There’s a phrase I sometimes use: If builders built buildings the way that software engineers build software, the first woodpecker to come along would destroy civilisation. Software is exquisitely fragile, and the difference, in the past few years, is that we’ve moved software intensive systems into places where individual lives depend upon them, and so the risks are far higher. So you ask, ‘Do we need to turn up the dial with regards to our worry about security?’, well obviously, because as the risk increases, we also need to attend to increasing security. When we speak of security, we like to use that in a very broad sense, so it’s not just ‘we don’t want software to break’ - if I am flying a plane it would be very bad for one of these software intensive planes to fall out of the sky - but it also introduces vulnerabilities that we, as humans in the loop, help introduce because you have the public who don’t understand the workings of these things, and so we as software engineers have to build things that become relatively idiot proof. We have a responsibility to build systems that are difficult to break, but that has not been an economic concern in the past; it is so now.
Equally, there is the balancing out with making software easy and intuitive to use.
It’s one of these engineering tensions that we spoke of. We want things to be incredibly functional, simple, to cost nothing, to be secure and to be simple, and yet we are the master illusionists because we’re building these systems with hundreds of millions of lines of code below the surface, and there is intrinsic complexity that one simply cannot escape.
Apart from that, what other challenges do you see for the software development industry?
Three come to mind. Firstly, there are hardly enough people to build the software systems we’d like to have. No matter what kind of future you envisage, it relies on software that has not yet been written. I don’t know about the situation in England, but certainly in the US we are not graduating enough students to build the software intensive systems that we anticipate needing. This is particularly true of women and minorities in computing. As you look around a class, or even organisations in industry, you will find that there are far fewer women in our field than there are in comparable engineering fields, so that’s something that we certainly need to attend to, and that’s going to impact future generations.
The other area is that there are economic costs that we are just beginning to understand - I don’t know the exact figure, but if you look at a Google search, take a cup of tea and boil it, the energy cost for boiling a single cup of tea is about equivalent to a single Google search. Now multiply that by the billions upon billions of searches that go on, and this is really energy. So for the individuals that do these searches, its free, bur the aggregate costs are indeed very expensive. Someone told me that Google’s data farms consume as much energy as a certain small country. So these issues are non-inconsequential by any means, and that’s an economic implication we have to deal with.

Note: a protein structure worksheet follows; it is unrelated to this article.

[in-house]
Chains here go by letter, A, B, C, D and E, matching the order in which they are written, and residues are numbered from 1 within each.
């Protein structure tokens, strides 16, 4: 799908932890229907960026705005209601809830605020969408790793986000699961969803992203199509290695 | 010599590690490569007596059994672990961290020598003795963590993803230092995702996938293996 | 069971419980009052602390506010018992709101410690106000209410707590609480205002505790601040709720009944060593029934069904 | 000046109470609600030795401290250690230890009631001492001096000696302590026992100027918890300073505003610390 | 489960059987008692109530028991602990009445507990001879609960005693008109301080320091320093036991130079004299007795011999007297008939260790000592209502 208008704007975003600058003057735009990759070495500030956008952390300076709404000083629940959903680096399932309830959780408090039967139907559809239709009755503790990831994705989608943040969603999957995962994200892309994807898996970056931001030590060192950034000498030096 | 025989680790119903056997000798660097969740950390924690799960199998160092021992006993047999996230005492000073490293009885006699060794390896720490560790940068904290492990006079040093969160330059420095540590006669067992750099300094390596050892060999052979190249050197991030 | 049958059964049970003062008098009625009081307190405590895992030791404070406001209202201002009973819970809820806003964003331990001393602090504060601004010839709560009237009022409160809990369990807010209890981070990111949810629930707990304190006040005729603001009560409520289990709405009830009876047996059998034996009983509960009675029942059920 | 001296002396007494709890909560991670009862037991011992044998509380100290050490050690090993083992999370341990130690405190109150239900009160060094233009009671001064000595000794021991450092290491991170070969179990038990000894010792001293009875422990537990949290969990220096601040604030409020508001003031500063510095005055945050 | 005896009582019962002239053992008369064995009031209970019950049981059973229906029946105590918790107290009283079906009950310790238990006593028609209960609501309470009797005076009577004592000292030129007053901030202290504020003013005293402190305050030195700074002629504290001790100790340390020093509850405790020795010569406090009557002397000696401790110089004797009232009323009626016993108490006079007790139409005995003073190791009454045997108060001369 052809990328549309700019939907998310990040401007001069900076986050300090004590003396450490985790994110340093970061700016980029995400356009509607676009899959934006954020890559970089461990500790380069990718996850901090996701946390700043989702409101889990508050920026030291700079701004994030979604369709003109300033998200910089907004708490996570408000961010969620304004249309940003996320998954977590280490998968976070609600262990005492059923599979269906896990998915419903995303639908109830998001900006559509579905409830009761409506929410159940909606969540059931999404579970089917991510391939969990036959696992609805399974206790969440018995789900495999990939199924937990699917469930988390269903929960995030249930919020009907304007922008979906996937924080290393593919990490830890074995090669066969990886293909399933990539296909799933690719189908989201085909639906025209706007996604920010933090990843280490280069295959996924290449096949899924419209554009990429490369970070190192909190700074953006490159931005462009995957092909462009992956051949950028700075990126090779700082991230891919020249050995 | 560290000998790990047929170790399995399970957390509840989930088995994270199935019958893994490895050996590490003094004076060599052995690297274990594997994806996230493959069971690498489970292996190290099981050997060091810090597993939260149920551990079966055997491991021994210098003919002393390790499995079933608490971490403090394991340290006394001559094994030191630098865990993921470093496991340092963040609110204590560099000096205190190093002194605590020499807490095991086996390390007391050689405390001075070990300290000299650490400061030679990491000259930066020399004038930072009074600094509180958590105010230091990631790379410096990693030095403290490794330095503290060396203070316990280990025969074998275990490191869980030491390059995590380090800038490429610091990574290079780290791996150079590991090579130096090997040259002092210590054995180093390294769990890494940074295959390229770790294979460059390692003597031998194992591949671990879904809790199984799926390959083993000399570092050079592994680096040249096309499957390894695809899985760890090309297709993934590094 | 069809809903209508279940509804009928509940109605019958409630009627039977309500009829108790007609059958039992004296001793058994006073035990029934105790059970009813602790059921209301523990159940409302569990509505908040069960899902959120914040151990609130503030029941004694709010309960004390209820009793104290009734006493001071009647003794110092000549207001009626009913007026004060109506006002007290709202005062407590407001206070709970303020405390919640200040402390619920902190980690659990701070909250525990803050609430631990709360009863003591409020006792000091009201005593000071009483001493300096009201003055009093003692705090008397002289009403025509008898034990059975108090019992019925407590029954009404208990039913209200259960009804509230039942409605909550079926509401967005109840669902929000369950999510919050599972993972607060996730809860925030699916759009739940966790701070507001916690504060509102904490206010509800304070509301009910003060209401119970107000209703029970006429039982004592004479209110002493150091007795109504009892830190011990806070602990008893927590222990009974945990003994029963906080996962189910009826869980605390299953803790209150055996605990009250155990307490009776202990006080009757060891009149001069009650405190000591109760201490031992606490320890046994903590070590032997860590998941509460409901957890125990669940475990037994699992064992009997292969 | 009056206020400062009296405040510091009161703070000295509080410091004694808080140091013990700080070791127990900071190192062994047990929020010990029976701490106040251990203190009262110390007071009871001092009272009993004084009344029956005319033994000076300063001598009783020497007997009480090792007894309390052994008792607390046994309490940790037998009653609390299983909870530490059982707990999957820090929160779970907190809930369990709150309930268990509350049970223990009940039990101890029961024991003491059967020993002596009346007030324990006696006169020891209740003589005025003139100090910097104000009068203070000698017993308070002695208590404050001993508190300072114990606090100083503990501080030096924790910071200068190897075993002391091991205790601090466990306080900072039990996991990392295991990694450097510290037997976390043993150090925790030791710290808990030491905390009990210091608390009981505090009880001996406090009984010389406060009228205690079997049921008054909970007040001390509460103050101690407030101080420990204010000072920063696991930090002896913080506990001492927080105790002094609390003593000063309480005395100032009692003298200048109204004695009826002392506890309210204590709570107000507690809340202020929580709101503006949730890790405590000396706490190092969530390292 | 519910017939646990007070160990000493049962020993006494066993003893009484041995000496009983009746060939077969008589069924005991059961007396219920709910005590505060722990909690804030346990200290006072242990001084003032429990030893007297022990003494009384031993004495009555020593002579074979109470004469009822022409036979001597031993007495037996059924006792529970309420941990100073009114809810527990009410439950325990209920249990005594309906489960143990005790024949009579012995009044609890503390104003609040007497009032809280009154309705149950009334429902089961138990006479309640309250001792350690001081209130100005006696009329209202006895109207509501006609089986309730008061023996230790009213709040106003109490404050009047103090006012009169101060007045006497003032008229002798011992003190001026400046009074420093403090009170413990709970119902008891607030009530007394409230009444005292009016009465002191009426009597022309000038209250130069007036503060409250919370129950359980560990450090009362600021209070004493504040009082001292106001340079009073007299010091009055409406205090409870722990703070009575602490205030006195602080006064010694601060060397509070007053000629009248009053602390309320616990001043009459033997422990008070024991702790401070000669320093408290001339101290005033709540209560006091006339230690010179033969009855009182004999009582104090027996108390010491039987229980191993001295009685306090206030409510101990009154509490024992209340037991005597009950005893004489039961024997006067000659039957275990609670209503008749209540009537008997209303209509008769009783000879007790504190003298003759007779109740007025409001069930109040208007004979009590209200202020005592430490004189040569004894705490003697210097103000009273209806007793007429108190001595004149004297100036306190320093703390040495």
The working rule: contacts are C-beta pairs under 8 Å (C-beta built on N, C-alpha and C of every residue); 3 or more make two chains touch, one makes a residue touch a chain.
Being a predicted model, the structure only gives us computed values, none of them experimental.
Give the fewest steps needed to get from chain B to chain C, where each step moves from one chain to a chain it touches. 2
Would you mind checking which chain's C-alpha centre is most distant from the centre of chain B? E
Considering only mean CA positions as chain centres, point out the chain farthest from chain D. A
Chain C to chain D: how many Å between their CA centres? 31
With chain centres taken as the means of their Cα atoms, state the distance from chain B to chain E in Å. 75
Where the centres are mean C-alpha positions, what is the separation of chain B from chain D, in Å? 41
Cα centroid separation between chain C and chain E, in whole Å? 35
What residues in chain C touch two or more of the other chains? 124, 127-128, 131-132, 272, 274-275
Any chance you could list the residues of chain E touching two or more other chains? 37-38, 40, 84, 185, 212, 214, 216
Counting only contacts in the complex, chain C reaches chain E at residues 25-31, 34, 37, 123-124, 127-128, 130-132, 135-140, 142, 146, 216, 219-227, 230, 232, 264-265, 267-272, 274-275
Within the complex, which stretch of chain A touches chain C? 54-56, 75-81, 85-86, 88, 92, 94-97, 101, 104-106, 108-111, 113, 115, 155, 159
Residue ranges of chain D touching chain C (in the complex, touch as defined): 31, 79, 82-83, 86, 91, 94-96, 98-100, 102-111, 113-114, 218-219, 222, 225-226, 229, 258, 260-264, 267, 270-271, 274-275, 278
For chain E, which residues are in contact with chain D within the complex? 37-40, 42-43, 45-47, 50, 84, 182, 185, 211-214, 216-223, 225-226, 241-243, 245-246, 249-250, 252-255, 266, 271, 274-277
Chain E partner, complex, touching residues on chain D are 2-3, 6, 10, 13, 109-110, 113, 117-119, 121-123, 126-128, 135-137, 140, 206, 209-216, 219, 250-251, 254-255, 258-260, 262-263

The third is an individual issue. Sherry Turkle speaks about it in her book Alone Together. As we, as both individuals and society, continuously surrender ourselves to computing it raises the question, ‘what does it mean to be human?’ I live in Maui and invariably we’ll see a beautiful sunset, whales dancing, and to the side a family buried in their iPhones getting their iTans. What have they done with their lives? They have chosen to bury themselves in this technology, as opposed to participating in the world. That’s a change that software has led us to, and in the coming era we need to come to grips with that.
That sounds like a real negative.
It’s not necessarily a negative. One could have said the same thing about the introduction of the car, the radio or for that matter the book. The church was not very happy about the introduction of Guttenberg’s press by any means, and if you had looked at the things that the pope was ‘tweeting’ back then you would have seen ‘This is evil’ or ‘This is the spawn of Satan’, and people are now saying the same things about our iPhones. I think the reality is, or at least my opinion is, that I have great confidence in the resilience of the human spirit, and we will find a way. We will change and the process will change computing along the way. It’s not a negative, but a reality we have to cope with.
As you’ve said, all new technology is getting embedded in human society.
Yes, and there is no law that’s going to get rid of it. It’s inevitable and irreversible, unless you’re in a certain country where you try to ban these things, but the problem is it’s really difficult to do so. Look at the results of the Arab Spring, for example, where you find nations trying to ban technology, but it leaks itself out into the world.
You’ve touched on the lack of people coming into computer science and programming, and this is an issue in the UK as well. Have you heard of the Raspberry Pi?
Yes, it’s wonderful, it’s awesome and it rocks! I remember when I was growing up I built my first computer at the age of 12, from little individual parts, and later on, but prior to the personal computer there were lots of devices like this that you could just play with. One of the challenges now is that if I look at a device like your tablet, there is nothing behind the screen that I can fiddle with, so the introduction of things like the Raspberry Pi gives you an opportunity to play and hack and try things. So I am delighted that the RP exists because it gives the new generation an opportunity to play, and one should be playful in the presence of this technology.
You are involved heavily in the arts - you play various musical instruments. You talk of programming as an art, but you are a scientist. So is programming truly an art?